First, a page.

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This resource is hosted by the Nelson Mandela Foundation, but was compiled and authored by Padraig O’Malley. It is the product of almost two decades of research and includes analyses, chronologies, historical documents, and interviews from the apartheid and post-apartheid eras.

22 Jul 1992: Gumede, Archie

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POM. I remember one of the main points, Archie, that you made two years ago when the violence broke out in the Transvaal was the absolute necessity for Mr Mandela and Mr de Klerk or Mr Buthelezi to get together, to do things jointly. They did meet, they did call upon their followers to not fight with each other and out of the wider range of meetings that resulted from that initial meeting you had the development of the National Peace Accord. Now it would seem to be that after eleven months of the National Peace Accord being in operation it appears by and large to be in tatters. Would that be an accurate reflection of what has been going on with the National Peace Accord or has it kept the level of violence lower that it would otherwise have been if it weren't in place?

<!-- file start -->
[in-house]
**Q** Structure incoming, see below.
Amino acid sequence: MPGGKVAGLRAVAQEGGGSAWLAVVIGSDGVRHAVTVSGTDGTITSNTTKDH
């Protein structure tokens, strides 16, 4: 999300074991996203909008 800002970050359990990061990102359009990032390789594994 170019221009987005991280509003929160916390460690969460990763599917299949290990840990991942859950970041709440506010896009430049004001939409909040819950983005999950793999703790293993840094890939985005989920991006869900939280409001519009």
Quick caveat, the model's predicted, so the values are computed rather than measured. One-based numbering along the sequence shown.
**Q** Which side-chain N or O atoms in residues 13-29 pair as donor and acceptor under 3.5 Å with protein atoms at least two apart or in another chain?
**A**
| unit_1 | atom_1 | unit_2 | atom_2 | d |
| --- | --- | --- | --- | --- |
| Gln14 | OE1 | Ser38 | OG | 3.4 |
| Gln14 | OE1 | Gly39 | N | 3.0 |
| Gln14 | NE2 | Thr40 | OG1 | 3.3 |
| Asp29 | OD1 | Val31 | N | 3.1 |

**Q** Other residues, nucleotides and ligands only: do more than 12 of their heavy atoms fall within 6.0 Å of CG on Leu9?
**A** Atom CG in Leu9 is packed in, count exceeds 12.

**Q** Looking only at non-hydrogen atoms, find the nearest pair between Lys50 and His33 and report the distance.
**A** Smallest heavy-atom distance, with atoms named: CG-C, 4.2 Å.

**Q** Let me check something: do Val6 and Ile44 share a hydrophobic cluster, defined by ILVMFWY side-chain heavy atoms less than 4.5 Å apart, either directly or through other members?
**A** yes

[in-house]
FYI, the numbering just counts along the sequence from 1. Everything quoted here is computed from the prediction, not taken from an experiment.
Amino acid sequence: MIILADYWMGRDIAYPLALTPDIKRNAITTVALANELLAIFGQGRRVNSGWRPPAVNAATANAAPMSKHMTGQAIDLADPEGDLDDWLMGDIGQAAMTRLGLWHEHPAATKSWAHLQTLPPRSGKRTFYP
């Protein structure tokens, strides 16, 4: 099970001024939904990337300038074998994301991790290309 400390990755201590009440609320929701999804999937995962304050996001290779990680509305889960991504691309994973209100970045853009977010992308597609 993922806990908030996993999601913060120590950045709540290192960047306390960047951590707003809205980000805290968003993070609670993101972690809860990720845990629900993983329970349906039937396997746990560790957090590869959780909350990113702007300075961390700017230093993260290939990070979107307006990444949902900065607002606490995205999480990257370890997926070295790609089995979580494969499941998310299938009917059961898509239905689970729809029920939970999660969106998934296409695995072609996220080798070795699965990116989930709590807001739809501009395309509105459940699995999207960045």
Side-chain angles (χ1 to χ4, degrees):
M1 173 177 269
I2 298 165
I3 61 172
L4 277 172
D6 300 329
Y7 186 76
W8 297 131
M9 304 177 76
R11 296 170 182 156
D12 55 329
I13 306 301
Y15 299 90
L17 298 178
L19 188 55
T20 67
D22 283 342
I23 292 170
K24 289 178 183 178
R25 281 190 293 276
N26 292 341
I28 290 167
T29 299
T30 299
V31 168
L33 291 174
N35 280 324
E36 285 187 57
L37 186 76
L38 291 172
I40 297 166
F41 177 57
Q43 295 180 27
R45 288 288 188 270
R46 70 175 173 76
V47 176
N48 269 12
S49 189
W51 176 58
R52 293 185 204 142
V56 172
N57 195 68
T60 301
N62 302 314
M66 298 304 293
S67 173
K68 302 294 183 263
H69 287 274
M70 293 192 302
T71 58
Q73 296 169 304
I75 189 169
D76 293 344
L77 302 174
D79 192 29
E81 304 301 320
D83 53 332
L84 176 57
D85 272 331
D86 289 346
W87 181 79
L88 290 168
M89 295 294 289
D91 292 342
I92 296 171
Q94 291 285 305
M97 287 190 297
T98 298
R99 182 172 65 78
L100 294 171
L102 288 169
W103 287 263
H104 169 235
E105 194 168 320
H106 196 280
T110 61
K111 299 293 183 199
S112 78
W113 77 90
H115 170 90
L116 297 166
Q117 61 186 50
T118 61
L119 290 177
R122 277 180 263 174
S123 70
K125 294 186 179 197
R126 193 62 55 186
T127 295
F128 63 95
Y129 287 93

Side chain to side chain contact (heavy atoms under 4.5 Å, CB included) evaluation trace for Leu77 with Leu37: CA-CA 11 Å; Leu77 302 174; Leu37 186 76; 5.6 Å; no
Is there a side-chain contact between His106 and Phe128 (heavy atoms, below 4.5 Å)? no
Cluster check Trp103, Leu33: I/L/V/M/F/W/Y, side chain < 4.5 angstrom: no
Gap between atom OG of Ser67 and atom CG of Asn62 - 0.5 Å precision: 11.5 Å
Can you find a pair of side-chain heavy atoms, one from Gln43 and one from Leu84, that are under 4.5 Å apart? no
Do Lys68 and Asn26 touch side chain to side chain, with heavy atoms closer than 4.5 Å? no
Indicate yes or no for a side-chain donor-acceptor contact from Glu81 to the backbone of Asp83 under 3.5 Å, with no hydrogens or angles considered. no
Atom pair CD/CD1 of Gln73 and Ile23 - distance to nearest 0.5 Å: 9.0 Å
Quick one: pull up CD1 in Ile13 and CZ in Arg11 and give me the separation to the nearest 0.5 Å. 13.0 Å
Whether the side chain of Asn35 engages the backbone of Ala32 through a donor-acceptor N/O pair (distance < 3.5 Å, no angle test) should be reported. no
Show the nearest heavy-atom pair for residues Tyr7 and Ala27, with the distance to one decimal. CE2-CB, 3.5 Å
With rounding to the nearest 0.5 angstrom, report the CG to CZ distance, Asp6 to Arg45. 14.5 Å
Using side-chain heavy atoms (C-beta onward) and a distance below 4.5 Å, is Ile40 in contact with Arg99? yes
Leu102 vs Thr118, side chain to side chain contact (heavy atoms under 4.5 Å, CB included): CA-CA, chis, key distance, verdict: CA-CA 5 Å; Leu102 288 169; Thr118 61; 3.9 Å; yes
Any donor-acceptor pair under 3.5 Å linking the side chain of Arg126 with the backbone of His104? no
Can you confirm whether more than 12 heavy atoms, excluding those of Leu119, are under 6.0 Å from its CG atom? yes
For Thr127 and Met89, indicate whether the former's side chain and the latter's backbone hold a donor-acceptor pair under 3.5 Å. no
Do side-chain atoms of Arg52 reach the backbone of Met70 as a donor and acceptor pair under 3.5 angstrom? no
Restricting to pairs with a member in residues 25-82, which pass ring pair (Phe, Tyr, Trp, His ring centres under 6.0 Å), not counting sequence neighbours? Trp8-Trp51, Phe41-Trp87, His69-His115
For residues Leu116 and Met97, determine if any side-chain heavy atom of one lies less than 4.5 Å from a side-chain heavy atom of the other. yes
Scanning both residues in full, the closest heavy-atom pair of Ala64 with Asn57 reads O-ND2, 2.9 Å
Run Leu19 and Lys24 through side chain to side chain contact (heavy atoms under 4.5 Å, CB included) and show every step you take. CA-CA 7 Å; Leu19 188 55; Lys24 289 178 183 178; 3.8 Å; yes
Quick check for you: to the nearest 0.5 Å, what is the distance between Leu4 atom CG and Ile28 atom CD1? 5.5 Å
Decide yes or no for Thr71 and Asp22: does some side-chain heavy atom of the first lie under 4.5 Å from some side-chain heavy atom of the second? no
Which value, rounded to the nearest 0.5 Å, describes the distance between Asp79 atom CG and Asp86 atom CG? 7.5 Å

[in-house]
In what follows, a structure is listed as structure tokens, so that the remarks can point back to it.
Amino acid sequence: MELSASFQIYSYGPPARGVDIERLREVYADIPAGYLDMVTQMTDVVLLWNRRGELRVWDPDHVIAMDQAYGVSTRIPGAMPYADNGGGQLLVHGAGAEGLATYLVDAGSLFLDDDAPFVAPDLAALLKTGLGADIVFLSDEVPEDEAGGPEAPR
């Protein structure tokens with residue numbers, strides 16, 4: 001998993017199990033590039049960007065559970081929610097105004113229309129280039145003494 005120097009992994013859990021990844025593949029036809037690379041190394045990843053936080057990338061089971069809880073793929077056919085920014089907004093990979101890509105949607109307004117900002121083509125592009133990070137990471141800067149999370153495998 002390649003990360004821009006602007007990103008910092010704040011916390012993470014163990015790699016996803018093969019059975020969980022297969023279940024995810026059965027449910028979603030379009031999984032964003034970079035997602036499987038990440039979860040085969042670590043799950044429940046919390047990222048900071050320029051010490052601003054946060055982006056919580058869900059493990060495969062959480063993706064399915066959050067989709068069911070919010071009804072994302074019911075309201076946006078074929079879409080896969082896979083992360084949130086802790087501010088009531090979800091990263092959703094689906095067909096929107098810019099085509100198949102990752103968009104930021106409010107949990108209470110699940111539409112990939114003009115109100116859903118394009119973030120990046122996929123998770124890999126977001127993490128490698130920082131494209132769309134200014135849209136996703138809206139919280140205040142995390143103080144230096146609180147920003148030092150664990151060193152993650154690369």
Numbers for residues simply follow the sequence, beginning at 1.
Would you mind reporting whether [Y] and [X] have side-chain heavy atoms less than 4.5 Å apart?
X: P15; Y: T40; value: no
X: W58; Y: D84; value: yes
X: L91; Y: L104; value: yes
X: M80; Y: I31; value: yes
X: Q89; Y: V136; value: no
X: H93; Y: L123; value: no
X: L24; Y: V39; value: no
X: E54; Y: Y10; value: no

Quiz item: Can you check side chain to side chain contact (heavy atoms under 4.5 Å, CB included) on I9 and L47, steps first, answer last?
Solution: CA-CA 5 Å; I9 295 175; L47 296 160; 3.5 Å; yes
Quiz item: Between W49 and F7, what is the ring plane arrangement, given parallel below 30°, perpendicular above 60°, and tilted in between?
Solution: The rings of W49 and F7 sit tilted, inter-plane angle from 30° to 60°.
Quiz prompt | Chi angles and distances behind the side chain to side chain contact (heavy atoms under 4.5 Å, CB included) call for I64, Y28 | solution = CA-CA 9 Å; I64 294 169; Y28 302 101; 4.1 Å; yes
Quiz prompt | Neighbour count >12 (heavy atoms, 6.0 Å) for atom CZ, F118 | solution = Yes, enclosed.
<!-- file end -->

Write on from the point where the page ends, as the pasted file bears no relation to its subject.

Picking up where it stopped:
AG. Well, the reason that I would say the violence has more or less stabilised at a certain point is because it is breaking out in various different places on different scales. It is a bit of a problem and I would say that the Peace Accord has had the effect of placing more or less a ceiling on the amount of violence that is taking place. That's my impression of what has gone on. But at the same time the assumption I made when I spoke with you about these three people coming together was that they would be sincere, that all the parties were as one and would tend to work together and that the organisations which they are representing were going to be disciplined to the extent that there would be no incidents of this nature. That was my assumption but, of course, I wouldn't say that that has in fact happened. There are incidents of security forces, state security forces, acting contrary to the Accord. I would not say that none of the supporters of the ANC are actually - if I said none of them break the Peace Accord I would not be really honest with myself. [And as far as Inkatha is concerned, well that has just been something that is well - or the international community.] When senior members of Inkatha are able to say that certain areas in KwaZulu are no-go areas for ANC then I don't think that that is in any way consistent with the declaration of the Peace Accord.